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Popular education played a vital role in the twelve-year guerrilla war against the Salvadoran government. Fighting to Learn is a study of its pedagogy and politics. Inspired by Paulo Freire's literacy work in Brazil in the 1950s, popular education brought literacy to poor rural communities abandoned by the official education system and to peasant combatants in the guerrilla army. Those who had little education taught those who had none. Popular education taught people skills, raised the morale that sustained them in unequal combat, and stimulated the creation of an organizational network to hold them together.
Hammond interviewed more than 100 Salvadoran students and teachers for this book. He recounts their experiences in their own words, vividly conveying how they coped with the hardships of war and organized civilian communities politically to support a guerrilla insurgency. Fighting to Learn tells how poorly educated peasants overcame their sense of inferiority to discover that they could teach each other and work together in a common struggle.
First examining the Christian base communities through which popular education came to El Salvador, Hammond then discusses how guerrilla combatants, political prisoners, and refugees learned. He shows that education was both a pedagogical and a political practice: he discusses the training of completely inexperienced teachers, the linking of basic literacy skills with politics, and the organizing of communities. Fighting to Learn offers both a detailed account of an historical moment and a broad theoretical discussion of the relationship between education, community organizing, and the political process.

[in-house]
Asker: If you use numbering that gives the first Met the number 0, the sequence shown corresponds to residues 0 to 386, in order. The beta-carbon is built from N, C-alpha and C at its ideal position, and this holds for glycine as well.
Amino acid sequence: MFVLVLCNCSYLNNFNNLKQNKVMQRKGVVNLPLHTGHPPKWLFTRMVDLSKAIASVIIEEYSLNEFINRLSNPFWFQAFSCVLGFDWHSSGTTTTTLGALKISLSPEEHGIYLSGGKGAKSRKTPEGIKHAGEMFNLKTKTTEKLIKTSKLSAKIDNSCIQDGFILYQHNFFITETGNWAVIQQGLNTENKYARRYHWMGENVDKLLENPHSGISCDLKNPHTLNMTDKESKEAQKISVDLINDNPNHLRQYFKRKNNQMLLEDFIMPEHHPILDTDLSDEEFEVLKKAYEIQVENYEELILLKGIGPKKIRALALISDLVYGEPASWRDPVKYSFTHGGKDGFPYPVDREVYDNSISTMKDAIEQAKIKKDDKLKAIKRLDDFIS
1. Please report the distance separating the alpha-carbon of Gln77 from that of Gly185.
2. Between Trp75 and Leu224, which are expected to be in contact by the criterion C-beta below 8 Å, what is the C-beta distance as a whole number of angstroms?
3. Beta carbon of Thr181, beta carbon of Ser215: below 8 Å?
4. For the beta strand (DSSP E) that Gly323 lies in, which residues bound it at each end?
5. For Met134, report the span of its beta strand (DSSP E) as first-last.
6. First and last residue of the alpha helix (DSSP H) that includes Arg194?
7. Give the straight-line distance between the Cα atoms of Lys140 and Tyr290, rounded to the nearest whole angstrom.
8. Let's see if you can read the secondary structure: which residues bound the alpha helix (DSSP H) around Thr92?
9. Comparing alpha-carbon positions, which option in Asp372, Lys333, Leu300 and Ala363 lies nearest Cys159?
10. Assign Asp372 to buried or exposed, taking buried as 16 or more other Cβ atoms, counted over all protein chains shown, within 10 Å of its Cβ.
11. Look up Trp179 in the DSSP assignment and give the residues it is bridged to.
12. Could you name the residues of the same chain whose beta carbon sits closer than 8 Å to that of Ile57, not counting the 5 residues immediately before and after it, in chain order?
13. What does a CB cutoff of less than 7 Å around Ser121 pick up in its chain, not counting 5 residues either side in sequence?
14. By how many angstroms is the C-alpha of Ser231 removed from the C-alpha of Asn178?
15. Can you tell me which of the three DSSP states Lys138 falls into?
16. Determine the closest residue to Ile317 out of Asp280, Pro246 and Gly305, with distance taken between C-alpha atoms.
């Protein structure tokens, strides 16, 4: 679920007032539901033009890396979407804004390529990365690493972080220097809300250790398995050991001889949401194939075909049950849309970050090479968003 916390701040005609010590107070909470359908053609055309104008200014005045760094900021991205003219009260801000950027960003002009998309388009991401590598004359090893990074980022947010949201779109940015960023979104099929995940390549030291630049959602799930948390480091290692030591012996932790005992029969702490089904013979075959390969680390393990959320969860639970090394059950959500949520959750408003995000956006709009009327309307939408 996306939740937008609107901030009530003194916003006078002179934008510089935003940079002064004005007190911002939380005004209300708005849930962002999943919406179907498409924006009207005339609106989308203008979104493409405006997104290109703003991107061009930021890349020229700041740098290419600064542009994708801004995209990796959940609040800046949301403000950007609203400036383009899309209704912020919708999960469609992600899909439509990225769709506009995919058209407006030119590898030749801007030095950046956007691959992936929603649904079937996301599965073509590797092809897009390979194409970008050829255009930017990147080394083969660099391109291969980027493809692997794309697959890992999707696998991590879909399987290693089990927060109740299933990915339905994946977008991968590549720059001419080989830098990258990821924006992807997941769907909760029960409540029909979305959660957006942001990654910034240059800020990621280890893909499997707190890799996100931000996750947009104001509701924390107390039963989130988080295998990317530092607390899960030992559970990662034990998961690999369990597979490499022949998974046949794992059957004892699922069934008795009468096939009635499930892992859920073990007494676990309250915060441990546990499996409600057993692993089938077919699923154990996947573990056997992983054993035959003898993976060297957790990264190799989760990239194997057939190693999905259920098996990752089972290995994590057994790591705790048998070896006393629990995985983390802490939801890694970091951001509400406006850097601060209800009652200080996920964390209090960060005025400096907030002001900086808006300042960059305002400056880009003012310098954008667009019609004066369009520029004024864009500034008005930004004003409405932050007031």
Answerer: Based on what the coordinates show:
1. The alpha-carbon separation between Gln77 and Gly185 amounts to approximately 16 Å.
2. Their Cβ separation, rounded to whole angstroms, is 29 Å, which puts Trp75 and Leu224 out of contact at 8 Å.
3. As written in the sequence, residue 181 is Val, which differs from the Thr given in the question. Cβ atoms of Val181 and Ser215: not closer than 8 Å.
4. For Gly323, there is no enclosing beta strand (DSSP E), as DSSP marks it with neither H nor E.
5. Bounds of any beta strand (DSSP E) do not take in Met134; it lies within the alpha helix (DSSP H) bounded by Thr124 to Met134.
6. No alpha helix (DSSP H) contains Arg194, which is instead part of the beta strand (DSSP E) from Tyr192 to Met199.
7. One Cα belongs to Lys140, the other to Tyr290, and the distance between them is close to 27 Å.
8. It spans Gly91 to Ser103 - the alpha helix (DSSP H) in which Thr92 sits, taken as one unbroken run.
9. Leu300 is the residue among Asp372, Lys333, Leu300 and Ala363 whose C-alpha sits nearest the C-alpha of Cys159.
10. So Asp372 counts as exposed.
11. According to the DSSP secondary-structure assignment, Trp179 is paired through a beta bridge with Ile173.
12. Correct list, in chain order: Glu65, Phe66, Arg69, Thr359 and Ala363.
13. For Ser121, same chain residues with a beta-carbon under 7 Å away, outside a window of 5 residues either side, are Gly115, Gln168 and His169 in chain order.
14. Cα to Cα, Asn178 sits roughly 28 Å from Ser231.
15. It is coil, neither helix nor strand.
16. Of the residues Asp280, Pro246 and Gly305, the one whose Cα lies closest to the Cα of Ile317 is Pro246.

|Map of El Salvador|
|2||The Christian Origins of Revolt||25|
|3||Learning on the Front Lines||52|
|4||Protected Spaces: Refugee Camps and Prisons||74|
|5||School and Community||104|
|8||Popular Education in Practice and Theory||189|
|9||The View from City University||211|